All other gTLDs were obliged, following JAS recommendations, to redirect all non-existent domains to, an IP address chosen to put network administrators in mind of port 53, which is used by the DNS protocol.

As we reported a little over a year ago, many administrators responded swearily to some of the first collisions.

JAS says in its final report:

Over the past year, JAS has monitored technical support/discussion fora in search of posts related to controlled interruption and DNS namespace collisions. As expected, controlled interruption caused some instances of limited operational issues as collision circumstances were encountered with new gTLD delegations. While some system administrators expressed frustration at the difficulties, overall it appears that controlled interruption in many cases is having the hoped-for outcome. Additionally, in private communication with a number of firms impacted by controlled interruption, JAS would characterize the overall response as “annoyed but understanding and generally positive” – some even expressed appreciation as issues unknown to them were brought to their attention.

There are a number of other substantial additions to the report, largely focusing on types of use cases JAS believes are responsible for most name collision traffic.

Oftentimes, such as the random 10-character domains Google’s Chrome browser uses for configuration purposes, the collision has no ill effect. In other cases, the local system administrators were forced to remedy their software to avoid the collision.

The report also reveals that the domain name, which is owned by long-time ICANN volunteer Mikey O’Connor, receives a “staggering” 30 DNS queries every second.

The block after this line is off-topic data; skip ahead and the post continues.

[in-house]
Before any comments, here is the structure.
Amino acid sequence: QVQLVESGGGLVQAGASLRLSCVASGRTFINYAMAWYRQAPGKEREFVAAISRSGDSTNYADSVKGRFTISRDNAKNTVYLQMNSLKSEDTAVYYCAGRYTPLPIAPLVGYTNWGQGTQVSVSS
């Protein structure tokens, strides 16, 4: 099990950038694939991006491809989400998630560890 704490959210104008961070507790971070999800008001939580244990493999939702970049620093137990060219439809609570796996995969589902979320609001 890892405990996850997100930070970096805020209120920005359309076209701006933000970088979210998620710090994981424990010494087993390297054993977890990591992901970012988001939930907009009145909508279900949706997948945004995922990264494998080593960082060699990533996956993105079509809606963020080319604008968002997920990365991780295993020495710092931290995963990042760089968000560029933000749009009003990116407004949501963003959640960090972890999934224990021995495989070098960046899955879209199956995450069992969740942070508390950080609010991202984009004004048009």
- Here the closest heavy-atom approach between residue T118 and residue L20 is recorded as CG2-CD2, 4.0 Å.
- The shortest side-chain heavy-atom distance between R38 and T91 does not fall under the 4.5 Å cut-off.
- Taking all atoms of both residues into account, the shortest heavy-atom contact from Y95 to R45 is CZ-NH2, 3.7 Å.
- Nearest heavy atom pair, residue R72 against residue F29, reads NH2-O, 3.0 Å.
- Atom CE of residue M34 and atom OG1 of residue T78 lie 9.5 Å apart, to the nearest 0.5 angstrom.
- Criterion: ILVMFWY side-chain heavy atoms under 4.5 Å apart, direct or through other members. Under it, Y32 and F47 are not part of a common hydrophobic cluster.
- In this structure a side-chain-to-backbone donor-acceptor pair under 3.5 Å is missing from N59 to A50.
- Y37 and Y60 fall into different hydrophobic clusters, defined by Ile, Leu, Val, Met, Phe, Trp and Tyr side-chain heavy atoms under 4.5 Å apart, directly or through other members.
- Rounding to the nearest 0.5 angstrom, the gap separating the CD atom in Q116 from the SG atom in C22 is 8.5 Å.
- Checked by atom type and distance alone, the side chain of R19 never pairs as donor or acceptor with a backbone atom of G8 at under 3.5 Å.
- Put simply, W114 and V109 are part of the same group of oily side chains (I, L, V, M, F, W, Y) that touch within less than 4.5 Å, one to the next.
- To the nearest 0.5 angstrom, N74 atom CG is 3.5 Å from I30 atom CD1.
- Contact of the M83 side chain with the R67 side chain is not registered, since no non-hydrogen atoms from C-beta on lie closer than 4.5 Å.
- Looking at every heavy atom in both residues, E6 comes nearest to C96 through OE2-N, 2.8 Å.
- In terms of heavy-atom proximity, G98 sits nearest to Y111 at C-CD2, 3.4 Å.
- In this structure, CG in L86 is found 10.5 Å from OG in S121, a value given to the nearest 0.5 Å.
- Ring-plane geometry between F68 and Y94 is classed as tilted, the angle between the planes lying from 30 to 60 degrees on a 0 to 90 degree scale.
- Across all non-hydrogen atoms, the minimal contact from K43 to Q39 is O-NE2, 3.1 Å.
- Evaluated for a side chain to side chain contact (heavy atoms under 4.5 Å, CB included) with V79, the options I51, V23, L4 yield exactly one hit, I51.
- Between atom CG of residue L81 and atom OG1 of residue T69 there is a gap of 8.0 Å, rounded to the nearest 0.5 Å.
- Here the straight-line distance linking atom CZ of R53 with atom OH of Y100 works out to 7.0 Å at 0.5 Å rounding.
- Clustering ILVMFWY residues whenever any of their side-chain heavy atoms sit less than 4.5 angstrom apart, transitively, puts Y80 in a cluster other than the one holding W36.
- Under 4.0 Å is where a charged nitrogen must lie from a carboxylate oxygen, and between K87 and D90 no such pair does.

That works out to almost a billion (946,728,000) queries per year, coming when a misconfigured system or inexperienced user attempts to visit a .corp domain name.

Verisign v XYZ judge confirms both companies suck

Kevin Murphy, November 21, 2015, Domain Registries

Verisign and have both come out of a US lawsuit looking like scumbags.

Explaining his dismissal of Verisign’s false advertising lawsuit against .xyz registry, Virginia judge Claude Hilton today said that’s statements about its registration numbers were “verifiably true”.

At the same time, he confirmed that they came about as a result of a bullshit deal with Network Solutions to bolster .xyz’s launch numbers.

The judge’s ruling confirms for the first time the financial details of the deal between XYZ and (Network Solutions) that saw .xyz’s registration volume rocket in its first few weeks of general availability. He wrote: purchased 375,000 domain names for a price of $8 each totaling $3 million dollars. In exchange, XYZ purchased advertising from in the form of 1,000 impressions for $10 each, at a total cost of $3 million dollars. Instead of cash exchanging hands, advertising credit was given to XYZ and the .xyz domain names were given to, who subsequently gave them away as free trials to their subscribers.

In other words, XYZ bought $10,000 of advertising for $3 million and paid for it with $3 million of free .xyz domains — 375,000 of them.

That bogus deal enabled XYZ to report big reg volume numbers without actually, legally, lying,

“The statements regarding Defendants’ revenue and number of registrations are statements of fact that are verifiably true,” the judge wrote.

When the Defendants [] stated they were a market leader in new TLD’s and that they had the most new registrations than any other TLD, they were basing that information off of an accurate zone file. Further, the zone file confirms that there are over 120 million .com registrations and one {1) million .xyz registrations. These statements are also true.

The judge said he was dismissing the suit not just because XYZ wasn’t lying, but also because Verisign couldn’t show that it had been harmed.

The number of .com registrations has actually been going up, he noted.

Much of Verisign’s complaint centered on this ad:

Verisign said the ad lied about the availability of .com domains, which XYZ denied.

The judge said: